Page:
Chapter One

The Idealist and the Realist

"I've always adored this woods," Aislin said to her friend, Ellen, as they walked through the dense forest. "Ever since Papa told me tales about the mystical woodland fairies that run about creating mischief, I liked to run in here and believe that I myself was one of those sprites."

"You are so lucky, Aislin."

"What do you mean?" She picked a few wild flowers and wove them into her tousled auburn curls and then proceeded to do the same to Ellen's stringy dirty-blonde locks.

"You are so lucky to have a father who indulges your romantic mind. Father always has to find the logic in everything. Once, when I thought there was a monster lurking under my bed, Father had to give me a whole lecture on why monsters and the like could never exist. Since I was four I never had any imagination."

"Poor Ellen!" Aislin exclaimed with a mock pout.

Ellen responded, with great seriousness, "I'm not asking for your pity."

Aislin continued the game, "And I'm not giving it."

"I swear, sometimes you act as if you're seven and not seventeen."

"Oh come, join the fun!" In a flamboyant whirl of petticoats and gingham skirts, Aislin sat herself down on a tree stump.

"Why am I even your friend?"

"Your father corrupted you more than I gave him credit for."

"Child!"

"Adult!" And so the inconsequential argument went on. Quarrels like this were not rare between the two friends. Aislin went along as if it was a game, and Ellen was often serious although sometimes she saw the joke in all of this, but that was once in a blue moon.

But why were these two people, so different from each other, best friends? The answer, believe it or not, is quite simple. Ellen, given the imagination-less childhood she'd had, needed a touch of whimsy in her life, whether she admitted it or not. Enter Aislin, who needed someone to keep her feet on the ground and get her head out of the clouds every once in a while, even if it was against her own will.

Finally, Ellen looked up at the sky and noticed that the sky had become a rainbow of different warm colors. "The sun's setting. We ought to go home."

"Why? Sunset is one of the three most magical times of the day."

Placing her hand on her hip, Ellen rejoined, "And what might the other two be?"

"Sunrise and the most magical time of all: midnight!"

"Midnight?"

"The bewitching hour. All things, both horrible and beautiful, happen at midnight."

"Sure… Now, let's go." Ellen had to practically drag Aislin off the stump and through the forest back into town.

Aislin and Ellen stumbled out of the woods. They made their way through the small meadow separated the wood from the town and then started walking leisurely into the town of Waldgebiet, Pennsylvania. The town got its name from German settlers who found nothing but trees when they came to the site. (Waldgebiet translates to Forestland in English.) It was a rather small hamlet, but, since it was located right in the middle of the county, it was quite a traveling center where many people flowed through towards both the south and the north.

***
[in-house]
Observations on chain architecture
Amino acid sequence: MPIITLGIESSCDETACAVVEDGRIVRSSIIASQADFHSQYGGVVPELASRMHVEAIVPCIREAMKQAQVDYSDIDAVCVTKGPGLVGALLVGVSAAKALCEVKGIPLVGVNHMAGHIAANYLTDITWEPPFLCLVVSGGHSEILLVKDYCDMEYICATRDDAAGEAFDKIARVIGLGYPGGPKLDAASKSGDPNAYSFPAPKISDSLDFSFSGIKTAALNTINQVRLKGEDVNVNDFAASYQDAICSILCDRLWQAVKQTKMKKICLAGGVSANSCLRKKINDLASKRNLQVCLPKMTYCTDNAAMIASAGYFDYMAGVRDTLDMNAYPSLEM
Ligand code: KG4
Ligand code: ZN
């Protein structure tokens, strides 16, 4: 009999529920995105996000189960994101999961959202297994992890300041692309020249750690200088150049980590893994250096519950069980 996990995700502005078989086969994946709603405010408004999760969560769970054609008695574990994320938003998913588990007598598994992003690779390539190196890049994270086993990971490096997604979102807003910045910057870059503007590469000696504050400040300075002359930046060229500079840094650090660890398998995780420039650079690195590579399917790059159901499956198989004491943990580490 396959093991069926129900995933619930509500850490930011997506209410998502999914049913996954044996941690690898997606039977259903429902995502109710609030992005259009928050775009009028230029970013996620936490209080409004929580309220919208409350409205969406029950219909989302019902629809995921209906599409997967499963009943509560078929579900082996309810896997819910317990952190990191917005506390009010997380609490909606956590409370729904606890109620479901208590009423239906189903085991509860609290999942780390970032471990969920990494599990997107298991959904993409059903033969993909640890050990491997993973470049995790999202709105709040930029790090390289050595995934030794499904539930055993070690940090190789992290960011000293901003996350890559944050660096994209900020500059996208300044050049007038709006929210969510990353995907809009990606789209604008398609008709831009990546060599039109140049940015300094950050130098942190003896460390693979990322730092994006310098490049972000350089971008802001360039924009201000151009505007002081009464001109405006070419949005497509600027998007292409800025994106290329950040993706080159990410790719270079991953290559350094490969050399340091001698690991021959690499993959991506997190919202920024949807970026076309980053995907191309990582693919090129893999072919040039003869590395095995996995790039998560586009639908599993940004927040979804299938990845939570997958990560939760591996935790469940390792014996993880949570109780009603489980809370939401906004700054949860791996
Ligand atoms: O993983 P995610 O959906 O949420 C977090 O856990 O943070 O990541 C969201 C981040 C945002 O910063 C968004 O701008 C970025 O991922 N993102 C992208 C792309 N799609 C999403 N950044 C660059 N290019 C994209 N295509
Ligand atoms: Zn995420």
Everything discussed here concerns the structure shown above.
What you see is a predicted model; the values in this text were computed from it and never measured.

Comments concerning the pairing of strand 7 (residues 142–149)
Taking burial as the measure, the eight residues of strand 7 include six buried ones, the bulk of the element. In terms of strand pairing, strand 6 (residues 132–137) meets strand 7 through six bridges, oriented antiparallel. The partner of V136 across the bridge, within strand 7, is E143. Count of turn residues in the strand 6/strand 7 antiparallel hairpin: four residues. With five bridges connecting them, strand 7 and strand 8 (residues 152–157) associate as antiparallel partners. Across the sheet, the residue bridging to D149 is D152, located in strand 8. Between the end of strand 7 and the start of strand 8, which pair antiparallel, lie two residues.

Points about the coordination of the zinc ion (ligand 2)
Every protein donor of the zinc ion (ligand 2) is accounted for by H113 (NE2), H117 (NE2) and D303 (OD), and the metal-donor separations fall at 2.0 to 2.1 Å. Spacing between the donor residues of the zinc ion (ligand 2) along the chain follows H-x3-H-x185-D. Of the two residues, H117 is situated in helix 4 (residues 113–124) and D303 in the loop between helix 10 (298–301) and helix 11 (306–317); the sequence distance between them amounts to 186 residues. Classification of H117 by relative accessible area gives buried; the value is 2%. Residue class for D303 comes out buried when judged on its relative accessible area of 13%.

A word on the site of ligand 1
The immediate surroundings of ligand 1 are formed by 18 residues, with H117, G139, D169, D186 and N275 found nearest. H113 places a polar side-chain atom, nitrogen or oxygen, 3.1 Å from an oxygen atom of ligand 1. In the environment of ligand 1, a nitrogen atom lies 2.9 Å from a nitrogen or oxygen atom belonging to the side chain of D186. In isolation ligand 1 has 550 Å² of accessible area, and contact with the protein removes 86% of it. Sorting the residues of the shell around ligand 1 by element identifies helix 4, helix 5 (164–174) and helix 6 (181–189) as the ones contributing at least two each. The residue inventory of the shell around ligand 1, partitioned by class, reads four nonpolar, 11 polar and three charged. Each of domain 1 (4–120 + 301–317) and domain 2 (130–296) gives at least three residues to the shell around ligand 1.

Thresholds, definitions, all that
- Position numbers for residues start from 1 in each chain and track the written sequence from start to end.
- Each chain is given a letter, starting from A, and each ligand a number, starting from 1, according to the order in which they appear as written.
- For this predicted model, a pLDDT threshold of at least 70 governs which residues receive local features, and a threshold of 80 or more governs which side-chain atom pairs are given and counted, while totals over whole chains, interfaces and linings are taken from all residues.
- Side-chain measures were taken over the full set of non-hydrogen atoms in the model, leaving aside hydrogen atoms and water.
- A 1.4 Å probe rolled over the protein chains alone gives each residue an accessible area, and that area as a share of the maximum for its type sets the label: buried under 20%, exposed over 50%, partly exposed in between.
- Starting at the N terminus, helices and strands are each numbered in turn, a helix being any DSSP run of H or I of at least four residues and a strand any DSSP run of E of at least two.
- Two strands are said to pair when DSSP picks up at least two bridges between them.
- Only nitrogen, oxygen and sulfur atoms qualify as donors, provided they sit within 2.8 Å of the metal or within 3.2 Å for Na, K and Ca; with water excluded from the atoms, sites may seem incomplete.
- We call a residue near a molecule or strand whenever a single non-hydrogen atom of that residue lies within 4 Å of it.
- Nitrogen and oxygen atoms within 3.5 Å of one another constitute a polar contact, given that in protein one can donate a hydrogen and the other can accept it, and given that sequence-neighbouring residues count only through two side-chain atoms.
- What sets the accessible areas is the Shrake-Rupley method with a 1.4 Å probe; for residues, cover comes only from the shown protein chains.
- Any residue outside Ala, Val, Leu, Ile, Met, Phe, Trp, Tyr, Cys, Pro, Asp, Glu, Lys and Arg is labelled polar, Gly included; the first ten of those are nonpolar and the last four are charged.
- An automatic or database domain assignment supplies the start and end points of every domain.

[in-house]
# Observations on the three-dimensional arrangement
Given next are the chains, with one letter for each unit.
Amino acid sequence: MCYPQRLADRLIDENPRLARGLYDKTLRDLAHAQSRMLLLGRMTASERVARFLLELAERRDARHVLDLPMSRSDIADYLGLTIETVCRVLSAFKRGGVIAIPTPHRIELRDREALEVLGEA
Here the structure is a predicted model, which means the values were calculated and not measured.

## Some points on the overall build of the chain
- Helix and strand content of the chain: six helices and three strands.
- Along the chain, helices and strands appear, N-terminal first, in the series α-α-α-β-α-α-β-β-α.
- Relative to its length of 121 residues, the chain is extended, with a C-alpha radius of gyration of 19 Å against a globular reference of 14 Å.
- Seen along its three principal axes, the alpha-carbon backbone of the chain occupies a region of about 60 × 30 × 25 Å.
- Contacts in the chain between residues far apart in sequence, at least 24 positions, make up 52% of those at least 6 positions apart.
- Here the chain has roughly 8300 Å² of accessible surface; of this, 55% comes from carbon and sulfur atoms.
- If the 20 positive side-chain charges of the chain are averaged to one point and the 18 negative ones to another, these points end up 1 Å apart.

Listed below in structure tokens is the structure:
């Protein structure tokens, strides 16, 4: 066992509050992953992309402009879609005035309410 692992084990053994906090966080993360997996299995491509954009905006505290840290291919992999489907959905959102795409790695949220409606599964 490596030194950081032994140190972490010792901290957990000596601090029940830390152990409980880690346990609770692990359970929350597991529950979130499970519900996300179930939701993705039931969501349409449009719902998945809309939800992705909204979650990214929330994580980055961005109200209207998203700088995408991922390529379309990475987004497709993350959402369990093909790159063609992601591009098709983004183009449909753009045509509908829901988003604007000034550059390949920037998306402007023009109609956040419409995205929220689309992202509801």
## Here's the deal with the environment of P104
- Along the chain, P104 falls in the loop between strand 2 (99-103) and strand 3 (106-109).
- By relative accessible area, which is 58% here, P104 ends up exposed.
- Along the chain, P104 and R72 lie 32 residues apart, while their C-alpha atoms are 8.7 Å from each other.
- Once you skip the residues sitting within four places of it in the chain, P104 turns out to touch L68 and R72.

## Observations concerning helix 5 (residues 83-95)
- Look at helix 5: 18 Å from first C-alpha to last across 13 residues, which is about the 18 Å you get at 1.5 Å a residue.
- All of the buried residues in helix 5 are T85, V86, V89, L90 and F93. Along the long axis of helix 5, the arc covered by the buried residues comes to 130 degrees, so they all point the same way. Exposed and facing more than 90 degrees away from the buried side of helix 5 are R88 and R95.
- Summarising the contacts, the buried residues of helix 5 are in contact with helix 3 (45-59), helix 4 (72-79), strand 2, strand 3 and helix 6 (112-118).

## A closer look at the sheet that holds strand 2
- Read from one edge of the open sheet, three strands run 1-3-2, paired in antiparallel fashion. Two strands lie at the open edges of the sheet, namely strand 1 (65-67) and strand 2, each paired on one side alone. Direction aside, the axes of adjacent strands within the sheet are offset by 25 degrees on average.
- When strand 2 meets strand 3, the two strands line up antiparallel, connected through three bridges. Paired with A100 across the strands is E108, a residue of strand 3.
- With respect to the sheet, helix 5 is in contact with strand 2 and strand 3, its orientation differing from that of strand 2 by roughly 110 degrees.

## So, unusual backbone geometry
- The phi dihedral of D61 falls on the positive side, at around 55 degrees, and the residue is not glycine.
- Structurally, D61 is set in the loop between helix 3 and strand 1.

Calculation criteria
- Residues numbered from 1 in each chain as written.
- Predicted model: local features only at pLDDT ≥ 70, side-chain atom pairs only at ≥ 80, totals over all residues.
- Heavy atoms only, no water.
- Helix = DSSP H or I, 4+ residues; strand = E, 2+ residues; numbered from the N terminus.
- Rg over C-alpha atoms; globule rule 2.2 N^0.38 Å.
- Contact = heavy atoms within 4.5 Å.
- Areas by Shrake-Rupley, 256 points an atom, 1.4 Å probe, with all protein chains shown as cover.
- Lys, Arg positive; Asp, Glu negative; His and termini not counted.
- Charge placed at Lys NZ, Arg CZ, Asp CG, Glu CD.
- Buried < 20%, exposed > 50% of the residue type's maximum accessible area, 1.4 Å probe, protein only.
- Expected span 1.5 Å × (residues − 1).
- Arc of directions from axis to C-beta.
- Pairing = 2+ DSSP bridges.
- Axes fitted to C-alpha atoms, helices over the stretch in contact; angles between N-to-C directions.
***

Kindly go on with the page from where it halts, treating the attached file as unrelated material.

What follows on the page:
A sharp whistle pierced the air as Aislin passed by Danny Brewster, the son of Mr. Brewster, the owner of Waldgebiet's general store. She smiled flirtatiously, swished her skirts, and sashayed down the sidewalk. Ellen ran after her.

She scolded, "Aislin, you shouldn't do that!"

"Do what?" she giggled.

"You know very well 'what'! It's not proper for a young lady to behave in such a manner."

"That's only the old matrons who are just jealous because their husbands don't love them any more. They're to be ignored."

"They are certainly not to be ignored!"

"I ignore them." Ellen sighed, and Aislin came to a halt as she reached her home. "Good-bye, Ellen," she said walking into the house. A second thought came to her and she called over her shoulder. "Meet me in front of Mr. Brewster's at ten-thirty tomorrow morning."

The O'Malleys resided in a small, eighteenth-century home in the middle of Milltown. It was constructed of whitewashed coarse stone and had two stories and an attic, each containing two rooms and a small corridor running between them. The front room on the first floor served as a drawing room, and the back room was used as a kitchen and informal dining room. Upstairs, the parents' bedroom and the girls' bedroom sat side by side. In a small portion of the attic, the O'Malleys stored their heirlooms from Ireland, but the most of it was the boys' bedroom. People on the lower end of the middle class and built it, and it people on the lower end of the middle class had been all who'd lived there. It was sparsely furnished, but all of the furniture was nice and comfortable. The walls had no elaborate wallpaper or hangings, but the slightly faded layer of paint served its purpose. Of course, that did not suit Aislin's fancy one bit, but she was in no place to complain.